4. Spice things up to cool the body down
Turmeric is a traditional Indian spice that you’ll likely have tasted many times as part of curry dishes.
While turmeric brings some heat to the main course, it’s also used medicinally to naturally reduce inflammation.
Curcumin is the active ingredient in turmeric responsible for its anti-inflammatory properties. It is so powerful that it matches the effectiveness of some anti-inflammatory drugs — but without the side effects.
Curcumin works by reducing the response of specific protein-cytokines that occur in the process of inflammation. It has been used in many chronic disorders such as arthritis, allergies, arteriosclerosis, and digestive disorders.
5. Take Boswellia: Another Indian wonder herb
Boswellia, commonly known as Indian frankincense, is another wonder herb that has a long history of medicinal use to treat various chronic inflammatory disorders.
A resin herbal extract from the boswellia tree, the anti-inflammatory properties of boswellia are due to compounds known as boswellic acids which reduce the formation of inflammatory chemicals by inhibiting the enzyme 5-lipoxygenase.
6. Incorporate the spice we all love
Who doesn’t love ginger? We ate gingerbread men as kids, a slice of ginger loaf when we grew up…and 97% of all British people have dipped ginger nut biscuits into their tea. (Don’t ask us to find the study backing those figures up).
But long before it was added to baking, main courses, and smoothies, ginger was used as a medicine in ancient times.
It is a potent anti-inflammatory, antioxidant, and analgesic. Like NSAIDs (non-steroidal anti-inflammatory drugs), ginger inhibits the activity of COX enzymes, plus leukotriene and prostaglandin synthesis.
Closely related to the turmeric plant, ginger also acts on pain receptors located throughout the peripheral and central nervous system.
7. Nourish with all the juicy goodness
Obviously, we’re a bit biased with this one, but juicing is absolutely the way to go for reducing inflammation and optimising your health.
There’s plenty of scientific research which shows how the vitamins, minerals, antioxidants, and phytonutrients in fruits and vegetables lower inflammation, boost the immune system, and promote better health overall.
Cold-pressed juices really pack a powerful punch because they allow you to consume more fruits and vegetables in one tasty drink than the average person consumes in a day.
8. Load up on the miracle mineral
Magnesium is a magical nutrient involved in over 300 enzymatic reactions in the body and helps to ease numerous health complaints, ranging from sore joints and muscle cramps to insomnia and anxiety.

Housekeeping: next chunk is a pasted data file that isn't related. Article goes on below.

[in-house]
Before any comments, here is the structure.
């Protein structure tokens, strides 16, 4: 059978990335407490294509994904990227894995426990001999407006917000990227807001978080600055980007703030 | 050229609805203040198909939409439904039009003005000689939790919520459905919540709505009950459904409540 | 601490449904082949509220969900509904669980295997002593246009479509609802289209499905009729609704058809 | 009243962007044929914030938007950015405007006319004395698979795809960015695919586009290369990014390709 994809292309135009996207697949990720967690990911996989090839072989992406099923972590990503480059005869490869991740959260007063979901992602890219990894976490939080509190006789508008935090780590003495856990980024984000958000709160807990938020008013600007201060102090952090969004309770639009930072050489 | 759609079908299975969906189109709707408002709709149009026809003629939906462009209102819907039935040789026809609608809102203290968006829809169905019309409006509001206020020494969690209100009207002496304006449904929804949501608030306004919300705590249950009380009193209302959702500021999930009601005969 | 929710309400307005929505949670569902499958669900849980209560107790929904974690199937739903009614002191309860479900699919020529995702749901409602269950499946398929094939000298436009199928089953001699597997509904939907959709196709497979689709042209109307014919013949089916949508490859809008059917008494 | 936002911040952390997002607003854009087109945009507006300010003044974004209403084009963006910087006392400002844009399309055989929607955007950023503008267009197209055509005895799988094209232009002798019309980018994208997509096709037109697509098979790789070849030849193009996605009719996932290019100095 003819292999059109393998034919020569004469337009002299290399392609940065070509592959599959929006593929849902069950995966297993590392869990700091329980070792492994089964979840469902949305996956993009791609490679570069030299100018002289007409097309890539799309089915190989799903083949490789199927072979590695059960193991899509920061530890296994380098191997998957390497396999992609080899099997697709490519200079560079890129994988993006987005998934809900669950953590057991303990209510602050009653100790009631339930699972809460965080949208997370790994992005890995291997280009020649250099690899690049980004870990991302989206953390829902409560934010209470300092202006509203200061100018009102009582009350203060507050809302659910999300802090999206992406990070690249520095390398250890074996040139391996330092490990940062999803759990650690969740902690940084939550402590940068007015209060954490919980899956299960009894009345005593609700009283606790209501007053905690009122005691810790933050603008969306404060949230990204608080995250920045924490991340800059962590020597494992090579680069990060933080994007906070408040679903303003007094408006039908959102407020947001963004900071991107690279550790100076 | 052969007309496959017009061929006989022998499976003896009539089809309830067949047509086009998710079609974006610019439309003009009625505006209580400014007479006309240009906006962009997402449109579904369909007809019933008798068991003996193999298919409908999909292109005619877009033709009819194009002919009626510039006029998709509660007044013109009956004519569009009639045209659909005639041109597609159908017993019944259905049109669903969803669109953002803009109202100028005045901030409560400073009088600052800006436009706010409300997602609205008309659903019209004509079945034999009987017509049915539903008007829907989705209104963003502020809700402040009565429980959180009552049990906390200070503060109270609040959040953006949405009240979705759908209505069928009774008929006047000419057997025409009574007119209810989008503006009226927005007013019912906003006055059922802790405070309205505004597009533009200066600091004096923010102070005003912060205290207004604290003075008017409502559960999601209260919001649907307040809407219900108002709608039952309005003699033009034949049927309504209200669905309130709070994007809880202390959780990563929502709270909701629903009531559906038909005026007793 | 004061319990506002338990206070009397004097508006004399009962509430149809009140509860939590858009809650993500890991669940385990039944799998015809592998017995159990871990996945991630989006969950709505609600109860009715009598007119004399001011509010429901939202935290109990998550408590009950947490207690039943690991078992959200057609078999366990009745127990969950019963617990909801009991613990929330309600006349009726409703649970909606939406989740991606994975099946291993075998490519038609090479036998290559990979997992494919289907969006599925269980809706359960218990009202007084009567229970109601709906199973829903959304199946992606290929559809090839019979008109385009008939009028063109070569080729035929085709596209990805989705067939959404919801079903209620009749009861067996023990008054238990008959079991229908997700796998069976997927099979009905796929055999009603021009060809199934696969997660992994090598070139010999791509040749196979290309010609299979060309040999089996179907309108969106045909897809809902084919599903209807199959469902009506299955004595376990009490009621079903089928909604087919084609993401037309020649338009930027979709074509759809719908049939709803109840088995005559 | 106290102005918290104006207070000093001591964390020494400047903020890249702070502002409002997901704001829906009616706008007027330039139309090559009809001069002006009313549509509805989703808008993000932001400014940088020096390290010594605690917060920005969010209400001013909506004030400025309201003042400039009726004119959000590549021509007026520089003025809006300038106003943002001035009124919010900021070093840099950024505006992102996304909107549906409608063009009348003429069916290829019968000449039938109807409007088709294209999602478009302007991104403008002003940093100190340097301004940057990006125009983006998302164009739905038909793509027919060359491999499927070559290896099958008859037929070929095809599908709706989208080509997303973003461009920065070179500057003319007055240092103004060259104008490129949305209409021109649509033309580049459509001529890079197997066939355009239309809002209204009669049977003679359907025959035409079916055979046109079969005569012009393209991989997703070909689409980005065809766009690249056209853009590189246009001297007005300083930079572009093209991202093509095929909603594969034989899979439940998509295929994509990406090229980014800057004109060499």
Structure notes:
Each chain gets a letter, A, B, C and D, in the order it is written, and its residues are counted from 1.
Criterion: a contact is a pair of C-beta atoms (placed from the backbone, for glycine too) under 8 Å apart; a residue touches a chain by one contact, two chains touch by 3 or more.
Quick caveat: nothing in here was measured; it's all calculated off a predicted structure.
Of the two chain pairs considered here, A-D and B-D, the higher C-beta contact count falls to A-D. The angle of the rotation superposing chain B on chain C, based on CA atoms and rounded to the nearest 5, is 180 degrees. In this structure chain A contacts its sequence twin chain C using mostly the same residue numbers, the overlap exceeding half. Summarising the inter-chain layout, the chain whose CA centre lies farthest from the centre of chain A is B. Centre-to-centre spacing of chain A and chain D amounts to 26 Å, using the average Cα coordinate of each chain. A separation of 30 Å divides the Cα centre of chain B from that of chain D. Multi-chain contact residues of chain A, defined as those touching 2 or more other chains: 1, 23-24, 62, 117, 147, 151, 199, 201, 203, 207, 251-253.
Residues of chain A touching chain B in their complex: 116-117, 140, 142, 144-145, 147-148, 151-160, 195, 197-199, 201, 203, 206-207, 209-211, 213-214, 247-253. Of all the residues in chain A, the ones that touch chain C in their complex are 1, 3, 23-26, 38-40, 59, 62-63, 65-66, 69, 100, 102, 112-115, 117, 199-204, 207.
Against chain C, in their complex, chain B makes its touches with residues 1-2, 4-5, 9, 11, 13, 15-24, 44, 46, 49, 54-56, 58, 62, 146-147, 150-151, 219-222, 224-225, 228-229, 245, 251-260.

It’s no wonder magnesium is nicknamed ‘The Miracle Mineral’ – and there’s a top-selling book called ‘The Magnesium Miracle’ by Dr Carolyn Dean that we’d highly recommend checking out.
Taking a magnesium supplement and increasing your intake of magnesium-rich foods, such as dark leafy greens, nuts, seeds, wholegrains, and even dark chocolate, helps reduce the stress hormone cortisol and keeps it in check. Chronic cortisol releases directly cause inflammation in the body.
Furthermore, research has shown that dietary magnesium has beneficial effects on inflammatory markers such as CRP and interleukin-6 and can therefore help bring your body back into balance.
Standing in a cold shower for more than 10 seconds might be your idea of hell, we get it. But Wim Hof suggests taking your regular hot shower and then gradually turning to cold at the end. This means you can slowly get used to the practice, increase your time, and then experience the inflammation-cooling benefits.
You can always take things to the other extreme and take a sauna frequently to help reduce inflammation and support your body’s detoxification process.
And of course, if you’re serious about getting healthier and want to reduce inflammation naturally then load up on the juices, delve into the wonder herbs, and limit the junk food.
Bottom line: eat well, feel well.
Association between sauna bathing and fatal cardiovascular and all-cause mortality events
The effect of cold showering on health and work: a randomised controlled trial